IN an interlocutory hearing for a pending adverse action case, the Fair Work Commission (FWC) has ordered a Queensland coal operator to reinstate a union delegate with full work duties after he was dismissed for taking sick leave after his application for annual leave was rejected.
Following a workplace practice at the Anglo Coal site in Moura allowing workers to cash out unused sick leave, a worker applied to take annual leave for two night shifts in April 2014.
The application was rejected, however, leading the CFMEU delegate to take sick leave instead.
Despite producing a medical certificate for the missed shifts, Anglo Coal dismissed the employee on May 12, stating in a letter that it was ‘clear that regardless of the company’s rejection of your leave application, you would not be in attendance for your rostered shifts’.
On grounds of contravention against workplace rights to take leave in cases of illness, the union filed a claim for adverse action and requested an interim order to have the employee reinstated until a final decision was reached by the Fair Work Commission.
Anglo Coal offered to maintain the employee on full salary until the hearing in July without assigning any work duties. However, Justice Collier contested the offer, referring to issues of social and psychological wellbeing established in precedents to justify full reinstatement.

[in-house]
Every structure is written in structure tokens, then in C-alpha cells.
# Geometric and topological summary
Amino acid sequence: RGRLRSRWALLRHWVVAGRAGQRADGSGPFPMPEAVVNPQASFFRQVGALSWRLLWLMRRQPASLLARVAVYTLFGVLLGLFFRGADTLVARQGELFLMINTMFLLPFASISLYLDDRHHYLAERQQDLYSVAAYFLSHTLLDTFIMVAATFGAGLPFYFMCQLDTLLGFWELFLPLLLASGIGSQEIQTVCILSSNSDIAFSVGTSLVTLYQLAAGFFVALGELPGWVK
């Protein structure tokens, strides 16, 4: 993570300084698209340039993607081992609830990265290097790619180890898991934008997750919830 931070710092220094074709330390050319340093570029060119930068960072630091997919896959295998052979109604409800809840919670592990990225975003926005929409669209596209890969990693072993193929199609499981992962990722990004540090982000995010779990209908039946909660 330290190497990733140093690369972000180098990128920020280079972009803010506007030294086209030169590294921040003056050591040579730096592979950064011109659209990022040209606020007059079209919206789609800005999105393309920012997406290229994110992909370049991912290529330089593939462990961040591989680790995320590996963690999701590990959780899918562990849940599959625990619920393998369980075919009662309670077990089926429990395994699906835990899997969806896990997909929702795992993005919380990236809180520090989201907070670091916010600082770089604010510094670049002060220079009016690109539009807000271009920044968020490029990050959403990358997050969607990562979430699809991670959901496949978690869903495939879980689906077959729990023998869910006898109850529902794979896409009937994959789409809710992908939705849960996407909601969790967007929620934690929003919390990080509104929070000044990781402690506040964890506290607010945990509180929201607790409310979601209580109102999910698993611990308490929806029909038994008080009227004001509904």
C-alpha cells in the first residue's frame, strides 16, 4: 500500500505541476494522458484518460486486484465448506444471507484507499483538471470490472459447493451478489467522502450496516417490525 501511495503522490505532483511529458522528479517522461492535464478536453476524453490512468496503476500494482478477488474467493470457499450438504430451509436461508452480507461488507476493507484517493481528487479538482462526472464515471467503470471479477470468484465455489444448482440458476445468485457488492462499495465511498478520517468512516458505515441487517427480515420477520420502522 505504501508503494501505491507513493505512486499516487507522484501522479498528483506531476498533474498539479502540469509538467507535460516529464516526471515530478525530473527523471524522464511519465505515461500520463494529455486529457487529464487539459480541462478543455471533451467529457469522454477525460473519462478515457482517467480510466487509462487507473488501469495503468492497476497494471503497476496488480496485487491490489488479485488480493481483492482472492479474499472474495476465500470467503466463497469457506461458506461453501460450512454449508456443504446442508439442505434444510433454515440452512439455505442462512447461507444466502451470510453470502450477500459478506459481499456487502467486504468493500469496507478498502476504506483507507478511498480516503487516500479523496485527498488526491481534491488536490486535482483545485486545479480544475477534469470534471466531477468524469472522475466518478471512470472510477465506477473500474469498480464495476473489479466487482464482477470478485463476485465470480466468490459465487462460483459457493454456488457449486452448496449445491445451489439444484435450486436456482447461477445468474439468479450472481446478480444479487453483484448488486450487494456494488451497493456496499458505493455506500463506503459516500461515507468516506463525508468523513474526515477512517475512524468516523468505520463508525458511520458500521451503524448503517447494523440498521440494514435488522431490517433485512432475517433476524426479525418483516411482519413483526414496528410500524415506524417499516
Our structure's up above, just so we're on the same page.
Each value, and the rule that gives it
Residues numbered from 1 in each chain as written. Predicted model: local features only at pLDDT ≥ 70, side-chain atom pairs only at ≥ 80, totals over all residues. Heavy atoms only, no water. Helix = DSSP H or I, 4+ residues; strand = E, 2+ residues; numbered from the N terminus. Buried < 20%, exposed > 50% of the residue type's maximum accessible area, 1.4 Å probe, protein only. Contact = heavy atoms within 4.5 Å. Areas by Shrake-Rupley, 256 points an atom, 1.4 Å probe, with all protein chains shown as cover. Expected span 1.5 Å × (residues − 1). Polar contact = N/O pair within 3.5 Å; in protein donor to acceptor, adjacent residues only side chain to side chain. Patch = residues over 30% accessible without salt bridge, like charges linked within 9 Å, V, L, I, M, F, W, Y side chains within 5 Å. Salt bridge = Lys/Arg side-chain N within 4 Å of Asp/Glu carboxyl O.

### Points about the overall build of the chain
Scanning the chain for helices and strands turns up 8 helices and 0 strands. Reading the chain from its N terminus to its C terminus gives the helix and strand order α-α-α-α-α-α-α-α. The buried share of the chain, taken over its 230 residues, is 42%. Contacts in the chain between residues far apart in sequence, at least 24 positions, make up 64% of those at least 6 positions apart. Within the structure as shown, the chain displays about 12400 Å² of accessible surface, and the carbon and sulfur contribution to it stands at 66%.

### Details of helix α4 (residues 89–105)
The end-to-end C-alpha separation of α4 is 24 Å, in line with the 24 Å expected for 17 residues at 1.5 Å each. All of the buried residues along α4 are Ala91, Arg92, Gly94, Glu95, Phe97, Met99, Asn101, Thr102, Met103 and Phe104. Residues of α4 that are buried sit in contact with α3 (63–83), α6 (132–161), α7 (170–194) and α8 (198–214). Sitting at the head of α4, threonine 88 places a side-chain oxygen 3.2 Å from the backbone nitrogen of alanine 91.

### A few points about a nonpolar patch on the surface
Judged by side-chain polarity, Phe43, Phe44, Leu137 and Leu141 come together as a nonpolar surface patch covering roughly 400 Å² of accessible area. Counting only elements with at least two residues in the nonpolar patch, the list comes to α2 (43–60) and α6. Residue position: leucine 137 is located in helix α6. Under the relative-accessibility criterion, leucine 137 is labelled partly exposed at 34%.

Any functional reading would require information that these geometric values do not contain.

In particular, J Collier referred to a 2011 case between the CFMEU and BHP Coal which took into account ‘the psychological impact which must necessarily attend the absence from the workplace, occasioned by idleness as a result of the termination, in circumstances where there is a serious question to be tried in respect of that termination’.
“Reinstatement in the Fair Work context means not only that the employee must be placed in a position no less favourable than he was prior to termination, but also that the employer must put the employee back to the performance of those duties which the employee was fulfilling before termination, and indeed provide work to be done by the employee of the same kind and volume as was being done before termination,” J Collier said.
Anglo Coal was ordered to reinstate the worker on the same terms and conditions that applied prior to his dismissal until the adverse action claim was determined at a final hearing.
To read the decision in full, click here.
Implications for Employers
This interlocutory hearing covers two important aspects of the Fair Work system relevant to AMMA members.
The first is in regards to workplace rights around sick leave, annual leave and employment termination.
While some organisations encourage employees to take annual leave in place of sick leave, incentivised with the option to cash in unused sick days, employers must remember that such programs do not detract from legislated workplace rights. Illness is rarely considered grounds for termination, especially when evidence such as a medical certificate is supplied.
The second issue concerns disciplinary proceedings established by employers. In this case, Anglo Coal raised concerns that reinstatement would undermine the worksite’s disciplinary policies in the face of other employees. While the Fair Work Commission rejected this fear as unfounded, resource employers are still encouraged to clarify disciplinary procedures within a company policy.
Termination can be a difficult and controversial road to navigate for resource employers, especially where rights and responsibilities are unclear. For information and advice on how to manage discipline within the workplace, speak to AMMA’s workplace relations experts by contacting your local AMMA office.